Earthquake Rocks Kingdome, Suspending Game
May. 03, 1996
SEATTLE (AP) _ A moderate earthquake rattled the Kingdome during Thursday night's game between the Cleveland Indians and Seattle Mariners, causing umpires to suspend the game in the seventh inning.
The geophysics center at the University of Washington reported the preliminary magnitude of the quake at 4.8. There were no immediate reports of major damage.
``I thought I was having a dizzy spell,'' said Seattle's Ken Griffey Jr., in the Mariners' clubhouse when the quake struck. ``I've been in an earthquake before in California. It threw me off the bed. It was a big one and I don't like it.''
There were reports the quake was felt as far away as 180 miles from Seattle.
A preliminary inspection showed no visible damage to the 20-year-old Kingdome, said Frank Abe, a spokesman for County Executive Gary Locke.
``This is actually a small, moderate earthquake but on the low end of that scale,'' said Bill Steele, a seismologist with the University of Washington Geophysics Center. ``But it is at the threshold point where you begin to see damage. The extent of the damage will be nonstructural damage.''
The Indians and the Mariners left the field after the 30 seconds of shaking at 9:04 p.m. PDT. Eight minutes later, it was announced the game had been suspended until 5:35 p.m. Friday.
``In my mind there was no doubt,'' home plate umpire Jim McKeon said. ``I really didn't feel we should play because I don't think baseball is as important as as many lives as we had in here.''
Speakers overhanging the field swayed in the Kingdome, as did the press box. Cleveland was leading 6-3 at the time of the quake.
``The roof could come down here. It's a pretty life-threatening situation,'' Mariners pitcher Sterling Hitchcock said.
The Kingdome crowd of 21,711 began chanting ``Let's play ball! Let's play ball!'' about three minutes after the earthquake. Players looked warily up into the stands.
``I thought first the crowd was going nuts,'' Hitchcock said. ``Then I realized there weren't enough people in here to go that nuts. It kind of clicked in then. But I didn't think they had earthquakes up this far.''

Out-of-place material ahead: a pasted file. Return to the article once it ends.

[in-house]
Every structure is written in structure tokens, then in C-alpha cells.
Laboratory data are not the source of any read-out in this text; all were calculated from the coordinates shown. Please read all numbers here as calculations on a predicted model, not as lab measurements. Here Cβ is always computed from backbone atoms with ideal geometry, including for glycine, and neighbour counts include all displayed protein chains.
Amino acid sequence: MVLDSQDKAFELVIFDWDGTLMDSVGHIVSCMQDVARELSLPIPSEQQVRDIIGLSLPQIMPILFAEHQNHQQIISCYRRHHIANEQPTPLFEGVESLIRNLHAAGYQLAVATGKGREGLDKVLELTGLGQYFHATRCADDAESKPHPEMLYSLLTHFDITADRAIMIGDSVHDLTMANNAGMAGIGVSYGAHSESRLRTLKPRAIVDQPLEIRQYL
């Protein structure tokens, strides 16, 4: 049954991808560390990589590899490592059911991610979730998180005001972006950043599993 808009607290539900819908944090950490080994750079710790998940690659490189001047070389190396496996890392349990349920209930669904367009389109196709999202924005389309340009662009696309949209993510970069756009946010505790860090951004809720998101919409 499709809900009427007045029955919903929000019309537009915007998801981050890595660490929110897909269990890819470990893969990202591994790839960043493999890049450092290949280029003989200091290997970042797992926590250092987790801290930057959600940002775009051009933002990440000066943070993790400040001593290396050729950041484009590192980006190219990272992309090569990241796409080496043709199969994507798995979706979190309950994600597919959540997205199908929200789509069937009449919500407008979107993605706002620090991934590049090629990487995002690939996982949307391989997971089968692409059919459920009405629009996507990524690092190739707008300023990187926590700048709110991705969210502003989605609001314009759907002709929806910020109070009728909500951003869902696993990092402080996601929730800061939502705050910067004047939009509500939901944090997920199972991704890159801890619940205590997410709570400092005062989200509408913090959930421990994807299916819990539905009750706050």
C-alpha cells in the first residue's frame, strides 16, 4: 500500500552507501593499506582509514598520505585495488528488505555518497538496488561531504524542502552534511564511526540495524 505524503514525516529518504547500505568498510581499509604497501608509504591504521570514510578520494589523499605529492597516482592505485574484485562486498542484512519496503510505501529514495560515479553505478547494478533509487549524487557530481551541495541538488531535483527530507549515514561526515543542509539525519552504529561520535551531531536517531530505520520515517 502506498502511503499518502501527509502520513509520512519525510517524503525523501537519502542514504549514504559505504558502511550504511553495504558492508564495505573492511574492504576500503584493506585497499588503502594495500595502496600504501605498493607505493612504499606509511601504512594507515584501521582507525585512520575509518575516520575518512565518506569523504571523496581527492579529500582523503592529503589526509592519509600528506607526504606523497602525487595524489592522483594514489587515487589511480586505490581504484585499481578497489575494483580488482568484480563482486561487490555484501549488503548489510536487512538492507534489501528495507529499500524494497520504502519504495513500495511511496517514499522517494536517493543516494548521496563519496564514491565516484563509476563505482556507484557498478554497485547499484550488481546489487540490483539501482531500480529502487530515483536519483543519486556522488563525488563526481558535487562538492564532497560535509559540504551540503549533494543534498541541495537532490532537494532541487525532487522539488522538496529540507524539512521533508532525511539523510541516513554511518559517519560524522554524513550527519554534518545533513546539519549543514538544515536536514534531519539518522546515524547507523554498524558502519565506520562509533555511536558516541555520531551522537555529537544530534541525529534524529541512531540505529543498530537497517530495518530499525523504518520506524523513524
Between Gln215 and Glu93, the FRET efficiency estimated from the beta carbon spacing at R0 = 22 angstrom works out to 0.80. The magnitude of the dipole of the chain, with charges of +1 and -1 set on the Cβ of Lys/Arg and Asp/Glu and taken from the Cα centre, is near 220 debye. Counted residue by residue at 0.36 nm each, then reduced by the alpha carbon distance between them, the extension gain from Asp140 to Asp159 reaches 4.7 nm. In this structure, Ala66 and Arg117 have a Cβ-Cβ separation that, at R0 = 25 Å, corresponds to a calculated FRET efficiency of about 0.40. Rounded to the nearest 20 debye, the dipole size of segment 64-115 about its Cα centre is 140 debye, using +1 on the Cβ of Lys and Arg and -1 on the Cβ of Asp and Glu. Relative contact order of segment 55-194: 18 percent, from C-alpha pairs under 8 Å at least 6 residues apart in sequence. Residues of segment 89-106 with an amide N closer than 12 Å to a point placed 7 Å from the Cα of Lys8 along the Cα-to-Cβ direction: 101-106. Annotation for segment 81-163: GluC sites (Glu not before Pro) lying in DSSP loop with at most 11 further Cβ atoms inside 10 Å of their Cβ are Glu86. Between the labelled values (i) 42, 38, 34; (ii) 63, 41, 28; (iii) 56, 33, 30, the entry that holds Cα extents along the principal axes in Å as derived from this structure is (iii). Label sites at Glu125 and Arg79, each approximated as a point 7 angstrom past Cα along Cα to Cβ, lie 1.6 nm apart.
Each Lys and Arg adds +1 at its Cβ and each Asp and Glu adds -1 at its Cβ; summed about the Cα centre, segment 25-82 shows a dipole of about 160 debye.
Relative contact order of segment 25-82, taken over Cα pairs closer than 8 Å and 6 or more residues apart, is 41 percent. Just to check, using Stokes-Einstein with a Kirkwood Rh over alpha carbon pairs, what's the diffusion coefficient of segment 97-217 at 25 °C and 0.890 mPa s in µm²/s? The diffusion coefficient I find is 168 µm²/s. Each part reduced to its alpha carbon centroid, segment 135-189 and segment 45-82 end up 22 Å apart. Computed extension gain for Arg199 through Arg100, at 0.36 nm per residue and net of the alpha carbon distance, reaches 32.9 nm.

It was the first time a major league game was disrupted by an earthquake since Oct. 17, 1989. A 7.1 temblor hit San Francisco about 30 minutes before the scheduled start of Game 3 between Oakland and the Giants at Candlestick Park. The quake caused major damage and the Series didn't resume until Oct. 27.
The Kingdome's capability to withstand an earthquake had become a prominent issue over the last few months when the NFL's Seattle Seahawks appeared on the verge of moving to Southern California.
Owner Ken Behring has contended the stadium is not a ``first-class facility.'' He said one of its shortcomings was its inability to handle an earthquake, a contention disputed by King County officials.
Ironically, Behring was planning to move the team to Southern California, the nation's most seismically active area. Paul Allen, the billionaire owner of the NBA's Portland Trail Blazers, is now trying to buy the Seahawks and keep the team in Seattle.
On July 19, 1994, ceiling tiles fell from the Kingdome roof, causing extensive damage and forcing the Mariners on the road for their final 20 games.
``I thought the tiles were coming down again,'' Seattle's Paul Sorrento said. ``I didn't know what was going on. It was weird. I guess the bench was moving pretty good.''